Not long ago I had a telephone call from Contributing Editor Gunther Skiba telling me that Jacques Pelzer had died. I was shocked. I knew of Jacques’ age but as far as I knew he had had no health problems. Gunther informed me that a friend of his, Archi Bechlenberg, who was also a friend of Jacques’, had told him of Jacques’ death.

Gunther told me that Archi might be willing to write something about Jacques’ death and gave me his fax number in Aachen, Germany. I faxed Archi and he agreed to write something, faxing it to me the next day. I then asked him for osme information about himself which he faxed me.

So, in about three days, by fax and telephone, between North Carolina and Germany we have the following article about the death of Jacques Pelzer..


On the 6th of August Jacques Pelzer died from a heart attack in Liege, Belgium.

Jacques was in Europe one of Chet Baker’s best friends for more than 25 years. Chet lived in Jacques’ house in Liege for quite a long time. They toured through Europe together (and twice in the States) and made recordings together. Jacques and his daughter Micheline cared for Chet and helped him wherever they could.

Just six weeks before his death, we celebrated Jacques 70th birthday. There was one big celebration near Liege, where many of his friends came together, among them Toots Thielemans, Sadi, Philip Catherine, and another one week later on the day of his birthday in Gouvy/Belgium with a.o. Jean-Louis Rassinfosse, Eric Legnini and Micheline Pelzer. At the end of July, Jacques played on the Adolphe Sax Memorial Festival in Dinant/B.

On the weekend 5-7 August there was the 15th Jazz Festival in Gouvy/Belgium, to which Jacques Pelzer was the fatherly friend from the beginning in the late 70’s. Many friends were wondering why he was not there on Friday because he always was. And on this Friday, there was a little ceremony for Hein van de Geyn, who is also a true friend to this festival, and everybody expected Jacques to be there. Someone called Jacques at home and he said that he was not feeling well, but that he would be sure to come on Saturday. So the next day they called him again and he seemed to feel better. They made an appointment to call him a 4 p.m. again to pick him up at home after. But, when this call was made, the ambulance had just arrived. And then at about 5:30 p.m. the message came that Jacques had died just a few minutes ago from a heart attack.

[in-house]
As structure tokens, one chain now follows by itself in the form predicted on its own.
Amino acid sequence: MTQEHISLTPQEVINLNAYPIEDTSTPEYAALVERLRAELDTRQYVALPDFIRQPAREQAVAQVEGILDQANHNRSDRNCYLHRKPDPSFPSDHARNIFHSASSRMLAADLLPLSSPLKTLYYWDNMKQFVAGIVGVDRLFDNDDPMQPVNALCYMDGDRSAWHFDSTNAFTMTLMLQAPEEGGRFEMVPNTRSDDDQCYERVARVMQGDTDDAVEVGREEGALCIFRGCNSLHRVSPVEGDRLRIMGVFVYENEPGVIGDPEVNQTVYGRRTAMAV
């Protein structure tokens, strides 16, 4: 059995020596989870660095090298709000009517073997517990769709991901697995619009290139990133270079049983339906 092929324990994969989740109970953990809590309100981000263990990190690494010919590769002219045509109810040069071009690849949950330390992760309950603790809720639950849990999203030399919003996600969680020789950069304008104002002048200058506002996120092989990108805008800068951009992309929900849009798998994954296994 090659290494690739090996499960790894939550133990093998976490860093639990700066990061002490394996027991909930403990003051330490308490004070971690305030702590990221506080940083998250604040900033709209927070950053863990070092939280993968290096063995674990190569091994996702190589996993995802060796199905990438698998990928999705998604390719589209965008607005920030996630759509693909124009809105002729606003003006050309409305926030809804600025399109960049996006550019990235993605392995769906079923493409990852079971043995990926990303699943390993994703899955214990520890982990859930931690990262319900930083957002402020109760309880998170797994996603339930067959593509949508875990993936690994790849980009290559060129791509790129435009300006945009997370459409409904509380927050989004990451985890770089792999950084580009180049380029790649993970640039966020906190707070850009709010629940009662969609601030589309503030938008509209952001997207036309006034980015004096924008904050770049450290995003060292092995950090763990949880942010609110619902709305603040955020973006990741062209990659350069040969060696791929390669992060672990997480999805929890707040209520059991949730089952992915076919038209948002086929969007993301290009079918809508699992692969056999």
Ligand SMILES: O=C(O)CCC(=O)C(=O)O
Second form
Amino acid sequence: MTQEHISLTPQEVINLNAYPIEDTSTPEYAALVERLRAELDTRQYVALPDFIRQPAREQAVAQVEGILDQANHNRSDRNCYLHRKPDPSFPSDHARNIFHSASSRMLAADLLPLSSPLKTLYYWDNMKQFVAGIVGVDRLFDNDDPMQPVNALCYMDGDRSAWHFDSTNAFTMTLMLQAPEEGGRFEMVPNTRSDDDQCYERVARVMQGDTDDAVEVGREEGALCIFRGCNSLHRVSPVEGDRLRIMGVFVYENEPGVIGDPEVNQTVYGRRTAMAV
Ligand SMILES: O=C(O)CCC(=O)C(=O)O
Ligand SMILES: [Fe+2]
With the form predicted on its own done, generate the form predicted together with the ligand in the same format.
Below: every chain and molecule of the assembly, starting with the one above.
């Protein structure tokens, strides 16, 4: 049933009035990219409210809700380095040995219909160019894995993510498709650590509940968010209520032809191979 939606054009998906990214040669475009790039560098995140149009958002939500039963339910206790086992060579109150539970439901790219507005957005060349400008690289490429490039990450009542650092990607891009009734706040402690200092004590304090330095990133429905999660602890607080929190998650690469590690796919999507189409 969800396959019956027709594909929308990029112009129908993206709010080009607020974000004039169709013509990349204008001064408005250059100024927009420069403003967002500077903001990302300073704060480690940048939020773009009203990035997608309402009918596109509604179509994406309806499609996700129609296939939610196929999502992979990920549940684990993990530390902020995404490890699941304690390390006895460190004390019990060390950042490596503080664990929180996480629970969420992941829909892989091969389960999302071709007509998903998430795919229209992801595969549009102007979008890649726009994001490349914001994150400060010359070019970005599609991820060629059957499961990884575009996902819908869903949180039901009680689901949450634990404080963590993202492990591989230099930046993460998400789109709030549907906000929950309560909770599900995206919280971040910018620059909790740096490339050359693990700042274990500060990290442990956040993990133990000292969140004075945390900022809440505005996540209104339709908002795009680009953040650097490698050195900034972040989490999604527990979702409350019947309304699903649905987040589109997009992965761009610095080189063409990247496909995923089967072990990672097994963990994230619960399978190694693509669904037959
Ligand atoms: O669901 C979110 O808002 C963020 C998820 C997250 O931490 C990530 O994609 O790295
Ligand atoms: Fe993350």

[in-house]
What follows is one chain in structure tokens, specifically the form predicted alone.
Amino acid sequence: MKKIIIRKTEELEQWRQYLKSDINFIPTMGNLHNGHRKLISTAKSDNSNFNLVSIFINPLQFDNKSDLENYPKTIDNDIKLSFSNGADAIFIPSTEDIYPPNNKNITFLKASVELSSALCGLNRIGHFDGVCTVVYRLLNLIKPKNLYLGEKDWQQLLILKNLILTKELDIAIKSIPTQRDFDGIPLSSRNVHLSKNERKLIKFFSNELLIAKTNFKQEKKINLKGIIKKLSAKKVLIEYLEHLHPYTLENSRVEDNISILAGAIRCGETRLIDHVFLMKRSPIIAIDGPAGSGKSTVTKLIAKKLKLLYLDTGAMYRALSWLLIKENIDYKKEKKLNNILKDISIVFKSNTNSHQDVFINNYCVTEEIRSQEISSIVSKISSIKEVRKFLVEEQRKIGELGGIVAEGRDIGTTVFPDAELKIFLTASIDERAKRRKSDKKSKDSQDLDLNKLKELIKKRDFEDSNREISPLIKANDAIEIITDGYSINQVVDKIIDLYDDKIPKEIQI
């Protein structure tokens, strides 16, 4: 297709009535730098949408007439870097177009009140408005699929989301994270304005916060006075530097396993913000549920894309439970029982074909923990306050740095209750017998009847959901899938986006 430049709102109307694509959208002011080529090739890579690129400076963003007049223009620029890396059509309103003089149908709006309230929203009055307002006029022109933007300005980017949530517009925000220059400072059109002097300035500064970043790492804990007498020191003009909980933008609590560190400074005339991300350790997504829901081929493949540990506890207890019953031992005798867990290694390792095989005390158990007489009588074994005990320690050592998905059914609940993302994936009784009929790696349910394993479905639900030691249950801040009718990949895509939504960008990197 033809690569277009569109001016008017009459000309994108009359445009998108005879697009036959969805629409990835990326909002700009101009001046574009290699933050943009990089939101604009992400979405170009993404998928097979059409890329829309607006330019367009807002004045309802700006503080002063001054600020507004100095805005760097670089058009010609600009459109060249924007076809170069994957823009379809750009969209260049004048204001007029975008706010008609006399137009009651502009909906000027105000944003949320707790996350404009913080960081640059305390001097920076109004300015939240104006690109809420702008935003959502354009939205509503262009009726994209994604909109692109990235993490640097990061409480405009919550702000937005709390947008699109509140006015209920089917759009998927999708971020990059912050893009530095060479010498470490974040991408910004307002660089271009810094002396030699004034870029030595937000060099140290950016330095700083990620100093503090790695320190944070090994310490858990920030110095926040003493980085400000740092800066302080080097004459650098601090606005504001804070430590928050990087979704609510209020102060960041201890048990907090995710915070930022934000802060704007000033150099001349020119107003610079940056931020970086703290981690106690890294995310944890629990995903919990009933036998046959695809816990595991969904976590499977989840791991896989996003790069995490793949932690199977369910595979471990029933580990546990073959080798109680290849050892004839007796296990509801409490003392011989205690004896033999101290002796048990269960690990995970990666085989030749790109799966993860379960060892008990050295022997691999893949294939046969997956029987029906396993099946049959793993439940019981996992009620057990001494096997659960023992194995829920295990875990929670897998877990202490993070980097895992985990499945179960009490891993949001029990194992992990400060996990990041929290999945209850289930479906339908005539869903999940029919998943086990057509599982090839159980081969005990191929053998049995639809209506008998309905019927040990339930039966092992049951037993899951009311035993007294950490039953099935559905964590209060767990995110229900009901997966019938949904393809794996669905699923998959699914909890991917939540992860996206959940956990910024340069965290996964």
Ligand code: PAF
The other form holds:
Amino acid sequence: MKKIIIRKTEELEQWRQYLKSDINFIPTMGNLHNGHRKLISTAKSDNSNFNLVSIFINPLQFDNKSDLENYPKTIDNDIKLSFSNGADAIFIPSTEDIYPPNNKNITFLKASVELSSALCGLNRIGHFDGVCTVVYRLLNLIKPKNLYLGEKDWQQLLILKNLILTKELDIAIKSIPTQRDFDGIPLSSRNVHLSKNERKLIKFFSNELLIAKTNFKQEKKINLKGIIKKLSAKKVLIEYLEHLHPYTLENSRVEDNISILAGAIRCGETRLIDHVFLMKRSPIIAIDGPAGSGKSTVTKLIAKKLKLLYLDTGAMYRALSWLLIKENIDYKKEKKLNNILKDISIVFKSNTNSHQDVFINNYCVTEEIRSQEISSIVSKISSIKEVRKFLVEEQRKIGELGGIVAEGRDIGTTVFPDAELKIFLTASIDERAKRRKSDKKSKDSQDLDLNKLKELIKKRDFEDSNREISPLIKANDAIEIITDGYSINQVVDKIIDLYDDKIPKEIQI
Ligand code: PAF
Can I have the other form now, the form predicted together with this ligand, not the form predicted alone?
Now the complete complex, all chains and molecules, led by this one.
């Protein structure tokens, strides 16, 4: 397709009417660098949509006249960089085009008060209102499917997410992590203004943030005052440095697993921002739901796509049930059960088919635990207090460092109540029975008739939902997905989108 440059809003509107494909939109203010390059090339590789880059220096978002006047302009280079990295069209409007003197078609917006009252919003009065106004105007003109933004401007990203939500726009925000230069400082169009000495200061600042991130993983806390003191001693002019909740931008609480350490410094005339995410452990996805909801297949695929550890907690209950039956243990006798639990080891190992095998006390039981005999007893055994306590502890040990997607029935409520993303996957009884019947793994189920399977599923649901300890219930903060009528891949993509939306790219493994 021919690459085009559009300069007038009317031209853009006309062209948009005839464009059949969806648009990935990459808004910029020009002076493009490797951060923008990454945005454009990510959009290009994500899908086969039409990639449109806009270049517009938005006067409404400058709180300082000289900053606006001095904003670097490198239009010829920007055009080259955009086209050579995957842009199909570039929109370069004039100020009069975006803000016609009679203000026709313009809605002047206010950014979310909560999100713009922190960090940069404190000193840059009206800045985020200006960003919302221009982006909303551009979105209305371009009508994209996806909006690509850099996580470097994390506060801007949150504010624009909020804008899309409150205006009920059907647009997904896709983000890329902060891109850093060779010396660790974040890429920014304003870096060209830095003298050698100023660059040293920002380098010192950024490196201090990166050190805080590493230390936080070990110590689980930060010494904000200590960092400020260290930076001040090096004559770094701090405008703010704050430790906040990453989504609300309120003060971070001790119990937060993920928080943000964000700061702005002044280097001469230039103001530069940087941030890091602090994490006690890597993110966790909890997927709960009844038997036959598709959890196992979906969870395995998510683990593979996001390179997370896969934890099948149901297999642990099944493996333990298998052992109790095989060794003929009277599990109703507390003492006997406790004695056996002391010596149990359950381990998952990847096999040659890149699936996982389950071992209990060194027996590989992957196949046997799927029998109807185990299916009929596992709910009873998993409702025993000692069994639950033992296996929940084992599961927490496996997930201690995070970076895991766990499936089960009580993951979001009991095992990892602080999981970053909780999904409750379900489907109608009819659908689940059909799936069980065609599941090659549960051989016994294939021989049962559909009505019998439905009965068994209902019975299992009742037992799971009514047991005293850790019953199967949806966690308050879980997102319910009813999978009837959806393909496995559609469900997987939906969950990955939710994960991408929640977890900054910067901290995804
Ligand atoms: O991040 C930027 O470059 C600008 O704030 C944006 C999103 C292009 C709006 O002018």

There was mourning all around on the festival area. Jacques Pelzer was dead.

On that evening played a.o. Horace Parlan, Harold Danko, Hein van de Geyn and Gary Thomas and they dedicated their concerts to this great man.

Jacques Pelzer was born on the 24th of June, 1924, in Liege/Belgium. He studied pharmacy on request of his father and later he was the owner of a pharmacy shop (which he rented to someone). But his love since the 30’s was jazz. He started playing, first on piano, then clarinet, guitar and flute and came so to his main instrument, the alto sax. Shortly after the second world war he went to Paris and was one of the first "boppers" in Europe. He founded the group BOB SHOTS and played with Bobby Jasper, Rene Thomas, Sadi, Don Byas and many more. Influences came from Lee Konitz, but also from Africa, later from Ornette Coleman and, of course, from his closest friend, Chet Baker.

Besides his great friendship to Chet, Jacques was a dear friend to so many musicians that it is impossible to mention them all. Archie Shepp, Stan Getz, Woody Shaw all lived in Pelzer’s house when they toured in Europe. And so many young musicians from France, Belgium and the Netherlands owe so much to him for his advice and help. And he was active until the end. Not long ago he had recorded with Philip Catherine and he was active in the realization of a jazz documentary center, the Jazz House, which will be opened in September. Everybody is sad that he will not be there that day.

On his birthday I talked with Jacques about a project I had been thinking about for months. It should be a book with the title "Chet & Jacques - Chet Baker in Liege," which was thought of as a text and photo documentation about the time that Chet spent here in Liege. Then I went to holiday, happy to come back to see Jacques and start talking with him about the book. On Friday I returned from holiday and went to Gouvy, desirous to meet Jacques. But we never met again.


Archie Bechlenberg

duo graphico

picture, text & motion

Neukollner Str. 2

D-52068 Aschen, Germany